|Ph.D Student||Larom Shirley|
|Subject||Harnessing Photosynthesis for "Green" Energy Production:|
Building a Photosystem II-Based Electrochemical
|Department||Department of Biology||Supervisor||Professor Gadi Schuster|
|Full Thesis text|
Dwindling fuel resources and escalating ecological consequences, pose a major challenge: developing technologies to exploit alternative energy sources. The sun is an inexhaustible source of free and clean energy. Therefore, establishing a new technology to use solar energy extensively will provide a long term solution to fossil fuel dependency. Plants, algae and certain bacteria use sunlight to produce chemical energy and reducing power in a process called photosynthesis. In this natural solar energy conversion process, membrane-bound photosystems are utilized to catalyse light-induced electron flow. The purpose of our research is to build a photosynthesis-based photovoltaic cell that converts light into electron flow using water as a feedstock. The bio-hybrid system is designed to contain engineered photosynthetic apparatus interfacing a solid-state device and to produce both electricity and hydrogen gas.
The photosynthetic active, membrane-confined complexes, called photosystem II (PSII), constitute the solar energy capturing and converting site and facilitate electron transfer through multiple acceptor molecules in insulated surroundings. Thus, in order to integrate PSII in a photovoltaic cell, the inaccessibility of the membrane-entrapped electrons needs to be overcome.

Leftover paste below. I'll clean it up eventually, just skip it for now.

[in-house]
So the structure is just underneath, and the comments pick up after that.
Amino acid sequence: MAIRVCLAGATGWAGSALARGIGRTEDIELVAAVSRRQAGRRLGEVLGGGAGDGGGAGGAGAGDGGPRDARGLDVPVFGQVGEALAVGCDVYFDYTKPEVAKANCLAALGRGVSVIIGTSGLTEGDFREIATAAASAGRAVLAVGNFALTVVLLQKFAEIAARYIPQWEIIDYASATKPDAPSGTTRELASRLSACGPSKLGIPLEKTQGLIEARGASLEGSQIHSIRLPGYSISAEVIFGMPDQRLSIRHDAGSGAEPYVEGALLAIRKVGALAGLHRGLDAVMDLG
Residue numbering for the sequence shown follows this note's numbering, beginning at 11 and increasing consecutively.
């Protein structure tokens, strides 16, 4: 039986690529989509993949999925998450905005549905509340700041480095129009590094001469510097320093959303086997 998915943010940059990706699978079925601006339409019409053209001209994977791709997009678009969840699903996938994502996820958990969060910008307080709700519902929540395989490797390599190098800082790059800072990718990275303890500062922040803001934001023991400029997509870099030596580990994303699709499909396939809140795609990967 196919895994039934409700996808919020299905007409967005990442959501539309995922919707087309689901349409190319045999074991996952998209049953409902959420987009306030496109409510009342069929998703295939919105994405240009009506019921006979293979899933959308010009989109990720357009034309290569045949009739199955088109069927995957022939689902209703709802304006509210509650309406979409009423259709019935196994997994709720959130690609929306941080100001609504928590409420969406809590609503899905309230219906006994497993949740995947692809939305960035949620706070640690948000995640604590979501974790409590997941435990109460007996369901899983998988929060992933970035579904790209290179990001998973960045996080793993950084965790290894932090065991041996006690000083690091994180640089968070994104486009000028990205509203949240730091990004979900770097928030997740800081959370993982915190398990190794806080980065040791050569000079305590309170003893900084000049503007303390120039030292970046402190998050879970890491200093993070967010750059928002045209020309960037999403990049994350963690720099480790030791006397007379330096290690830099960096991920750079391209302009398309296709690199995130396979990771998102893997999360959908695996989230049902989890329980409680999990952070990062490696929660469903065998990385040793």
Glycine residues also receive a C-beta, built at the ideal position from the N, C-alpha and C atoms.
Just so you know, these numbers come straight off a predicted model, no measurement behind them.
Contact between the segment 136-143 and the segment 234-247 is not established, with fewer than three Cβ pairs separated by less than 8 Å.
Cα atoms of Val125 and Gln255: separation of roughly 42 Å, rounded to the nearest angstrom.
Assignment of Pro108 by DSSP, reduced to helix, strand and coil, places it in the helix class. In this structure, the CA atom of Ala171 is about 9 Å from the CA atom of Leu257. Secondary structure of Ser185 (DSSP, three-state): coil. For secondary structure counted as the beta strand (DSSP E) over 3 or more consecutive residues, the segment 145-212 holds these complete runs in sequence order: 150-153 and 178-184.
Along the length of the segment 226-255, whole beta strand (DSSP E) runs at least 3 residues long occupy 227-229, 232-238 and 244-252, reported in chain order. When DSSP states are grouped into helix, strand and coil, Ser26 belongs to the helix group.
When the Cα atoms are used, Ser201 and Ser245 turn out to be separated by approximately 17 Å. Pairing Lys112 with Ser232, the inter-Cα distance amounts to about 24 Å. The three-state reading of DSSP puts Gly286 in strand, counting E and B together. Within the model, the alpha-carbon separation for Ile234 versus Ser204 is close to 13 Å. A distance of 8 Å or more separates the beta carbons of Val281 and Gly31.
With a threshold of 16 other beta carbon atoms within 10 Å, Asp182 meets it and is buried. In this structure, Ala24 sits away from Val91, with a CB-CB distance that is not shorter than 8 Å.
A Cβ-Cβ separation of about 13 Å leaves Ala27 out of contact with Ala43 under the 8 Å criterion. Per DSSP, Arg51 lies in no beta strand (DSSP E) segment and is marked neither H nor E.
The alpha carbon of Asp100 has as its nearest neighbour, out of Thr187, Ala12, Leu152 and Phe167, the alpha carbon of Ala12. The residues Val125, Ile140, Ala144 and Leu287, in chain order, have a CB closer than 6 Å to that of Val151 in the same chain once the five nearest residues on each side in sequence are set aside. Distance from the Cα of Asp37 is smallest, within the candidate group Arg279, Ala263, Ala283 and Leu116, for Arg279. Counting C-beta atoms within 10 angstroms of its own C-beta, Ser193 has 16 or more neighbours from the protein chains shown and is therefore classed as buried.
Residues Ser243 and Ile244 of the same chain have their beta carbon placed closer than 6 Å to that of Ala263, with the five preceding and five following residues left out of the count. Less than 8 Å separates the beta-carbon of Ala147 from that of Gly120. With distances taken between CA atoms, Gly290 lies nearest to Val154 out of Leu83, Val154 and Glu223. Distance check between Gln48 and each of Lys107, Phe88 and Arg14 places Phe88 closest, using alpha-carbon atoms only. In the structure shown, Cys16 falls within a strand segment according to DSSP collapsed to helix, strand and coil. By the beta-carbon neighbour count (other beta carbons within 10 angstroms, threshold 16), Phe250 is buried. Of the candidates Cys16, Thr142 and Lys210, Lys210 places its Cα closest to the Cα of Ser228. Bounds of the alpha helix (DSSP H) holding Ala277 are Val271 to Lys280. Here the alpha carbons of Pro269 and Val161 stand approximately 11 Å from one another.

In this work we show that specific modification of PSII-D1 protein in Synechocystis PCC 6803, changing lysine at position 238 to glutamic acid (Glu), resulted in the introduction of an alternative electron route to an external electron acceptor. The Glu strain, which grows photoautotrophically at nearly native rates, performs light dependent reduction of the soluble electron carrier cytochrome c. In addition, the presence of cytochrome c has a beneficial effect on the stability of the photosynthetic material as it inhibits photo-inactivation of the D1 protein in vitro. Integrating photosynthetic membranes, isolated from the Glu strain, with a gold electrode, resulted in direct electron transfer and photocurrent generation. The light-induced current, generated by the Glu membranes, was higher than the membranes isolated from the control strain in the presence of herbicide. However, although cytochrome c can efficiently be reduced by the Glu membranes, it acts as an inefficient mediator between the Glu membranes and the gold electrode and hinders the photocurrent generation. We also show that interfacing the Glu membranes with a charged gold surface can also provide protection against photoinhibition. Therefore, we have engineered a new electron transfer pathway in which electrons can be withdrawn by an electron acceptor without harming the normal function of PSII. Implementing the engineered PSII carrying the new pathway in a photocell, enables photo- current generation.